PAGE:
Chicken stock or broth
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Chicken stock or broth
  Chicken    Stock    Vegetables    Poultry    Soups  
Last updated 6/12/2012 1:14:02 AM. Recipe ID 42746. Report a problem with this recipe.
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      Title: Chicken stock or broth
 Categories: Poultry, Vegetables, Soups
      Yield: 2 Quarts
      2 lb Chicken gizzards
      2 lb Chicken necks and backs
      1 md Onion; peeled; stuck with:
      3    Cloves (stuck in onion)
      1    Leek; well washed; trimmed
      1    Carrot; scraped
      2    Garlic cloves; peeled
      1    Bay leaf
      1    Parsley sprig
      1 ts Thyme; dried
      6    Peppercorns
      3 qt Water
      1 tb Salt
  Put the chicken pieces, vegetables, garlic, herbs, peppercorns, and
  water in a deep 8 quart pot or a stockpot. Bring to a boil. After 5
  minutes, skim off the scum that forms on the surface with a wire
  skimmer or a large spoon. Continue to boil rapidly for 15 minutes,
  skimming, then reduce the heat; cover the pot and simmer for 2 to
  2-1/2 hours. Season with salt to taste -- about 1 tablespoon. Strain
  the broth through a sieve lined with several thicknesses of
  cheesecloth into a large bowl and cool thoroughly in the
  refrigerator. Save the gizzards (they are good eating) and discard
  the other chicken parts and the vegetables. When the stock is cold,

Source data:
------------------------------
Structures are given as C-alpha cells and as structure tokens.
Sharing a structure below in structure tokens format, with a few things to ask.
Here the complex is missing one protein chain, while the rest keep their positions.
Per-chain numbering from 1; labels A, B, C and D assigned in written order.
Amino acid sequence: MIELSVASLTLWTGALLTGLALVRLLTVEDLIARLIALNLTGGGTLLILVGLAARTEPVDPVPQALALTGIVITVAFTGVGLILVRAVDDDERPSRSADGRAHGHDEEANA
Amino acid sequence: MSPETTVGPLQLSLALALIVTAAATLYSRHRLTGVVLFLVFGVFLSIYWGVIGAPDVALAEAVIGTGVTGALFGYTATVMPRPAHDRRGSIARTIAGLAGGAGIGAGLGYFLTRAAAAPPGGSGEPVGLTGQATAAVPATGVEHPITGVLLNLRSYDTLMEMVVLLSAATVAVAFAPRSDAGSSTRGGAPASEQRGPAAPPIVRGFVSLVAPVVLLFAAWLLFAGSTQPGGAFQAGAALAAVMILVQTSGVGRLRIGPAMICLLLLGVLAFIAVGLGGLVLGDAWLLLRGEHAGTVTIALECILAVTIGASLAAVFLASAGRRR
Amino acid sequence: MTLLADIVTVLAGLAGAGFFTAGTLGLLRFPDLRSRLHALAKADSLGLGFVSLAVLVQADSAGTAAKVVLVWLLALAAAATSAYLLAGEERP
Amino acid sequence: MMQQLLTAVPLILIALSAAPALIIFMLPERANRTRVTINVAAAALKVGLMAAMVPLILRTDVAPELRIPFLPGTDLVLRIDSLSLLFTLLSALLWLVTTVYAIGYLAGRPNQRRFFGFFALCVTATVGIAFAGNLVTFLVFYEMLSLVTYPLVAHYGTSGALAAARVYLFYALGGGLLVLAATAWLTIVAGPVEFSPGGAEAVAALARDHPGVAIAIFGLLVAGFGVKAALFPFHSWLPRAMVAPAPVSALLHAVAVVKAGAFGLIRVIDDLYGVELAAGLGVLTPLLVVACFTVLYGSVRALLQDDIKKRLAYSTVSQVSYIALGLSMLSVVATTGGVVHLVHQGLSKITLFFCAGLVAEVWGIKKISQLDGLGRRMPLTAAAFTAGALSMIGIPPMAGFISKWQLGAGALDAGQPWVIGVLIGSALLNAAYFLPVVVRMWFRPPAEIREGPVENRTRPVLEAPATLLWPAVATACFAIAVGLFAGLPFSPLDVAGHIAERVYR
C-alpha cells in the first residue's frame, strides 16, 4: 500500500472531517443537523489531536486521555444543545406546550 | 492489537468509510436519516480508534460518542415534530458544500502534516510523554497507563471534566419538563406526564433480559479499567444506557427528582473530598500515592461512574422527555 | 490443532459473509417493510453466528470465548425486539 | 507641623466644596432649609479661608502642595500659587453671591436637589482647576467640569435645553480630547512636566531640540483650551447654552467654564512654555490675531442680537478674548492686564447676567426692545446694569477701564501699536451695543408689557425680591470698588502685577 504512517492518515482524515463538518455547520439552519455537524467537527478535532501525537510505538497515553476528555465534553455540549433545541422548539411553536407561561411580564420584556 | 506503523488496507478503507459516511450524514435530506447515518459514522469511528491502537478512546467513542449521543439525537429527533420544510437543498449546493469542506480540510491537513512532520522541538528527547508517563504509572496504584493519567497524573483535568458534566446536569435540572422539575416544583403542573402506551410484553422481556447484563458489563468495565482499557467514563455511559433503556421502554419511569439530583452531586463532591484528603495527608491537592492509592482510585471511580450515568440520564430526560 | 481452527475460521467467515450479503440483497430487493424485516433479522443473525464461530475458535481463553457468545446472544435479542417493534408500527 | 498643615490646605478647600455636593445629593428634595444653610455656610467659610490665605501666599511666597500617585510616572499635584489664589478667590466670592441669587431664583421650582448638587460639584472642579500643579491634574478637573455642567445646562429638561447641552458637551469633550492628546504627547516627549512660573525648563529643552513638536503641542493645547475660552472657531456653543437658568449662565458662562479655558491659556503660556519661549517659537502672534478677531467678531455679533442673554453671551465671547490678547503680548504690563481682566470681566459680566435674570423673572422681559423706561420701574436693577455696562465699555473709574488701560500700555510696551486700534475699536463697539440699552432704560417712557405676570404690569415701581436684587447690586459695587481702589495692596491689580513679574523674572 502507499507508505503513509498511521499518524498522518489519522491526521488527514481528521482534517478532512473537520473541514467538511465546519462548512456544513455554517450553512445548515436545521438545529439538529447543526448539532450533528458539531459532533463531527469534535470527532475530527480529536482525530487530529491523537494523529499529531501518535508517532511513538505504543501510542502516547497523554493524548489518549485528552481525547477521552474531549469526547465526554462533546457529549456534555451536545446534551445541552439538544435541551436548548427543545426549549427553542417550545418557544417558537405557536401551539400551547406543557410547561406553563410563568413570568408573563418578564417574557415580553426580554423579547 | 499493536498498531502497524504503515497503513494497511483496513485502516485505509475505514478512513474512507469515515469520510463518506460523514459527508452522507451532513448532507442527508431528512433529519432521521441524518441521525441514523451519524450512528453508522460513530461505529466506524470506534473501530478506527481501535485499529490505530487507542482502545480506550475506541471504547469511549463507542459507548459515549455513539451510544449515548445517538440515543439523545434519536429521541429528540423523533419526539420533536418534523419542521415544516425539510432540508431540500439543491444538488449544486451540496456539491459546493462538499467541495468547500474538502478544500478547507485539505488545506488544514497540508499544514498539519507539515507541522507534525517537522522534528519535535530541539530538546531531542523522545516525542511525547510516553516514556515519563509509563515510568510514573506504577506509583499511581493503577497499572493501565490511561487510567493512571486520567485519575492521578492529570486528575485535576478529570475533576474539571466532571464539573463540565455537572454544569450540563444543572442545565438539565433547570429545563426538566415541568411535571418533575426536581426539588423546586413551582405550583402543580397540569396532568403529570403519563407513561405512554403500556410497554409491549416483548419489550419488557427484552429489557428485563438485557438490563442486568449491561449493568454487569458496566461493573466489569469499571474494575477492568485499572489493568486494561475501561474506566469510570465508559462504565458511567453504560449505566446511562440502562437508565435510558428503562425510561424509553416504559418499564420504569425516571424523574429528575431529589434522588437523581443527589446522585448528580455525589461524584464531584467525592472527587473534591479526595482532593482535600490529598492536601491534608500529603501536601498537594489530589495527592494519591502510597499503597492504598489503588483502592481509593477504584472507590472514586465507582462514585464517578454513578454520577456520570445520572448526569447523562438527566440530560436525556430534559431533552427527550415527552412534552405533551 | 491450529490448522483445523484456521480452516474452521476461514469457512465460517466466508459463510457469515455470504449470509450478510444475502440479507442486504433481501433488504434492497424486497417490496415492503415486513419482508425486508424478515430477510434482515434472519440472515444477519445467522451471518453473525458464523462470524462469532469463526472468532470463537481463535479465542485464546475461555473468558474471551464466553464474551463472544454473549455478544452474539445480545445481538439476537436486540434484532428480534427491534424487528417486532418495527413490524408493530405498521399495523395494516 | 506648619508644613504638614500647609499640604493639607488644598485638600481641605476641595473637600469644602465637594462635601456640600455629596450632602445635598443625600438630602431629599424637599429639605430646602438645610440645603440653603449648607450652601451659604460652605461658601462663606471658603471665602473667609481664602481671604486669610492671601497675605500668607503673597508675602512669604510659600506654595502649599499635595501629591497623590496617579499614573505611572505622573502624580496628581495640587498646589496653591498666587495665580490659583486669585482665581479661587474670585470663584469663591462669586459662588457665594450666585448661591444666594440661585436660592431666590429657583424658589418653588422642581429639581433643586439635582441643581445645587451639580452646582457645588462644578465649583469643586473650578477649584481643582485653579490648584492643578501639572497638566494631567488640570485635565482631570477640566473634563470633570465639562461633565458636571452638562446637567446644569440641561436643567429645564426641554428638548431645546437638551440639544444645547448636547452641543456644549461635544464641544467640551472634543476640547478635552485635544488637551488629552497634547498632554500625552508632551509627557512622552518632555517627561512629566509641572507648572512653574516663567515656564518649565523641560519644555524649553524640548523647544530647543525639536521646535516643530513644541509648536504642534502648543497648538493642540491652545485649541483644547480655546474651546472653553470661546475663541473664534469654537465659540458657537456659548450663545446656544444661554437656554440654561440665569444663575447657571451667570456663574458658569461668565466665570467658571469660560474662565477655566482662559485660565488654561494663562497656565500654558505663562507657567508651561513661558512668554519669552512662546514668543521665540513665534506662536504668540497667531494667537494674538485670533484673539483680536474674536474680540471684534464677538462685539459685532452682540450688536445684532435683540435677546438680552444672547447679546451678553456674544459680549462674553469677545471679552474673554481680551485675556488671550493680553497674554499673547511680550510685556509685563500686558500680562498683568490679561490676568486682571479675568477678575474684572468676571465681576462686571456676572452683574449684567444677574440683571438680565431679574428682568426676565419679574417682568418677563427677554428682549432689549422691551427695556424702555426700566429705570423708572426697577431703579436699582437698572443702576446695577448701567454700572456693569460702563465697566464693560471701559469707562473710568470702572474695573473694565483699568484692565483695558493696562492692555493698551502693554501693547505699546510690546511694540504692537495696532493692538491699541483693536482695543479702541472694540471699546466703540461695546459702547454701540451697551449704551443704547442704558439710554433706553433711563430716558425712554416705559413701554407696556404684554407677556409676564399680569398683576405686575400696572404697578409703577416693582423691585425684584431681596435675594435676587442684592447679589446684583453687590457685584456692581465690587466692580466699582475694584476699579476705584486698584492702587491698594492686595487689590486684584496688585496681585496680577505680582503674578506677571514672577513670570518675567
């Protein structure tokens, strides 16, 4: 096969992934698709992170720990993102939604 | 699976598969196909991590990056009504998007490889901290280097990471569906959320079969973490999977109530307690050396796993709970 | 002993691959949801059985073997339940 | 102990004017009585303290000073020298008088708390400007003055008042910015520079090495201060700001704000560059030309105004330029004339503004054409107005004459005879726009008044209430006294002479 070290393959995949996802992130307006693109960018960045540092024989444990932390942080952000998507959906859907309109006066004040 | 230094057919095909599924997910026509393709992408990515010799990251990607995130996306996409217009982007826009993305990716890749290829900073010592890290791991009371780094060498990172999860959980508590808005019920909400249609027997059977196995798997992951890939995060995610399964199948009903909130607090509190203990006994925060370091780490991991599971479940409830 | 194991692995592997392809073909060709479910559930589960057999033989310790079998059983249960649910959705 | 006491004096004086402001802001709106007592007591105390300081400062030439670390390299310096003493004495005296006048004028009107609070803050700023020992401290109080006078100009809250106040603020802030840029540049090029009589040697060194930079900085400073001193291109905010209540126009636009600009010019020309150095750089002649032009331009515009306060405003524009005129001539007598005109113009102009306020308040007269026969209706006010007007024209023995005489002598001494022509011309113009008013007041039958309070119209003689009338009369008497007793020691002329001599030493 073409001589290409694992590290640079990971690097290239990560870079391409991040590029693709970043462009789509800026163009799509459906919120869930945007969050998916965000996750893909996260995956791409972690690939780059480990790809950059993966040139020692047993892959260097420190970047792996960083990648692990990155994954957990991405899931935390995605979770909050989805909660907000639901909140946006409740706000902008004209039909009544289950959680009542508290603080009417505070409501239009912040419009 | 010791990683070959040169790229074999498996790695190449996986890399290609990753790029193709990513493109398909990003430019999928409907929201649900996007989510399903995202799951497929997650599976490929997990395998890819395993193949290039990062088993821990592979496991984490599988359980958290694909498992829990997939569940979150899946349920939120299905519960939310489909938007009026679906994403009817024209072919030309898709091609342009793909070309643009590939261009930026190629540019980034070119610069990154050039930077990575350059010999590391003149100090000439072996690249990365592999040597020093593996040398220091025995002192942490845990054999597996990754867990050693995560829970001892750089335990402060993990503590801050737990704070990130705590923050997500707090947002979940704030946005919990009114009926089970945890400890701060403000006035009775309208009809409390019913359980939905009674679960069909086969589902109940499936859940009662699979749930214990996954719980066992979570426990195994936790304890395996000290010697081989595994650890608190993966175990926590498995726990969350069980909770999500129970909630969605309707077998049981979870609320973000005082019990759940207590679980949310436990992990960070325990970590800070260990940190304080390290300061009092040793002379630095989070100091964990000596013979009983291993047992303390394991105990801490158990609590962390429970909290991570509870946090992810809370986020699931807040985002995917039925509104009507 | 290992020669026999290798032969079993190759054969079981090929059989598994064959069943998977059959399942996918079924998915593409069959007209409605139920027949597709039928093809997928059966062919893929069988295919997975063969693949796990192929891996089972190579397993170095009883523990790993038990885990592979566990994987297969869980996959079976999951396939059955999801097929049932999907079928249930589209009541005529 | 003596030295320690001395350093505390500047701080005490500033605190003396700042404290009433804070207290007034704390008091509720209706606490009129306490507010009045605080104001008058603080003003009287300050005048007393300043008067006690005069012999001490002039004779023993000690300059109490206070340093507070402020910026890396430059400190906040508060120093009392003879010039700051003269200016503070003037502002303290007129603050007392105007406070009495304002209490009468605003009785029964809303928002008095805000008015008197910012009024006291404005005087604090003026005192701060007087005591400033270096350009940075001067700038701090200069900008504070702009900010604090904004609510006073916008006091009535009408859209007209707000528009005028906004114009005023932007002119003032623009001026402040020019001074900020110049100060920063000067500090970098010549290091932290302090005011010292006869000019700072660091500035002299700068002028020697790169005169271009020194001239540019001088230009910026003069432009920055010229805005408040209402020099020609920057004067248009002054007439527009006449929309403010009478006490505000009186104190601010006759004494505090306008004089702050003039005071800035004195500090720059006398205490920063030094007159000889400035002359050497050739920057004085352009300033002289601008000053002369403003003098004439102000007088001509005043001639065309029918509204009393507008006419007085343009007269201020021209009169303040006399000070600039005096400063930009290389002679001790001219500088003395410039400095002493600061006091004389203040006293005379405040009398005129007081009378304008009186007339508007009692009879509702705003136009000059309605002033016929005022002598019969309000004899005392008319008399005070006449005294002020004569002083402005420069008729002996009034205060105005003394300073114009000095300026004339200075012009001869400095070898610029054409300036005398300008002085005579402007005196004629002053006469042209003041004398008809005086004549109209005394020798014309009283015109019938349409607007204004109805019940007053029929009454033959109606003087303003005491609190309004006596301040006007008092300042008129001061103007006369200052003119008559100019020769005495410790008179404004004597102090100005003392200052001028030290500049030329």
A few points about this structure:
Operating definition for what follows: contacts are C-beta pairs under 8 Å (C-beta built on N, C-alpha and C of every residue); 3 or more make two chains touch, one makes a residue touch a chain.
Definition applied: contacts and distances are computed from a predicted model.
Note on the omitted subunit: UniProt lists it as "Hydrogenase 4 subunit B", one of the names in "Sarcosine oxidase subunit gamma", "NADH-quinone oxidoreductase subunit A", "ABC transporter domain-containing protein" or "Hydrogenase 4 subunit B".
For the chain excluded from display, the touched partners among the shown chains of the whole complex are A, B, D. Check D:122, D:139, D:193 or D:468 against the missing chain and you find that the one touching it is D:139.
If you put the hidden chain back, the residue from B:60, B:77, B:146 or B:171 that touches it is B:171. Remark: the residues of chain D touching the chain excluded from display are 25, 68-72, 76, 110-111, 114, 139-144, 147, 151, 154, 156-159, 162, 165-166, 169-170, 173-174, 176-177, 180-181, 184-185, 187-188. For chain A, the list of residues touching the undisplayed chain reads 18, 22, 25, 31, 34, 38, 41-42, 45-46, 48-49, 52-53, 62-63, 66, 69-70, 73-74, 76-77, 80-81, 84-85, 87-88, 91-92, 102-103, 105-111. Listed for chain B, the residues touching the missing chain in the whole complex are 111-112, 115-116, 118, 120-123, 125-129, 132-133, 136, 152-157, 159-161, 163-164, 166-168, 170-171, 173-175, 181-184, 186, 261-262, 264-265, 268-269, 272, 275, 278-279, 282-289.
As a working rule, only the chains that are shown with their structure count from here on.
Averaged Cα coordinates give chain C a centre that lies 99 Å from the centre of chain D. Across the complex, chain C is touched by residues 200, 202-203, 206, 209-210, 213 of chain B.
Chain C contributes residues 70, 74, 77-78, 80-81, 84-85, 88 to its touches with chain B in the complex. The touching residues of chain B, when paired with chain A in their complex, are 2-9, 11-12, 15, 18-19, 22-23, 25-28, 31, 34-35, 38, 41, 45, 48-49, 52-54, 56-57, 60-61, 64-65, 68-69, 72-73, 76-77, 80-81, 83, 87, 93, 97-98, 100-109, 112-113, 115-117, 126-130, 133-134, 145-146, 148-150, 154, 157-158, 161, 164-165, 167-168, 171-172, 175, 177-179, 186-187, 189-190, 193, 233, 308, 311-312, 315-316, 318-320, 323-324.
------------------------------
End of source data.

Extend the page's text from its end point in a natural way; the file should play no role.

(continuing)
remove the layer of fat that has formed on the surface. You will have
  about 2-1/2 quarts of stock. It is a great aid and comfort to always
  have on hand good home-made beef, chicken or veal stock, but you have
  to be realistic. You must gauge your stock-making by the space you
  have to keep it in. Two or three days is about as long as you should
  keep stock in the refrigerator; if you keep it longer you should
  remove it and boil it up again before using. If you want to keep it
  for much longer periods of time, freeze it. You can safely keep stock
  frozen for up to three months. * Double Chicken Broth * Put the cold,
  fat-free, 2-1/2 quarts of previously make chicken stock into an 8
  quart pan. Add a whole stewing fowl or roasting chicken weighing 4 to
  5 pounds. Bring slowly to a boil. Again, skim off any scum that forms
  on the surface; reduce the heat; cover and simmer gently until the
  chicken is very tender, about 1 hour for a young chicken, or 2 to
  2-1/2 hours for a fowl. Remove the chicken and either serve it as
  poached chicken or remove the skin, take the meat from the bones and
  use it for chicken dishes ~- a chicken salad, hash, chicken pie, or
  creamed chicken. Strain the broth through several thicknesses of
  cheesecloth into a bowl; let cool, then skim off the fat. You now
  have two quarts of beautifully rich, strong broth to use for cooking.
  Should you want to reduce it even more and clarify it for consomme',
  ... see the recipe: Chicken Consomme' by James Beard. Note: Chicken
  consomme' must be absolutely fat-free and clear so it's very
  important that in the above directions you skim off all the scum that
  forms on the surface in the chicken stock broth and double chicken
  broth and strain it through several thicknesses of cheesecloth, and
  remove all the fat after the broth has cooled.

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Recipe ID 42746 (Apr 03, 2005)

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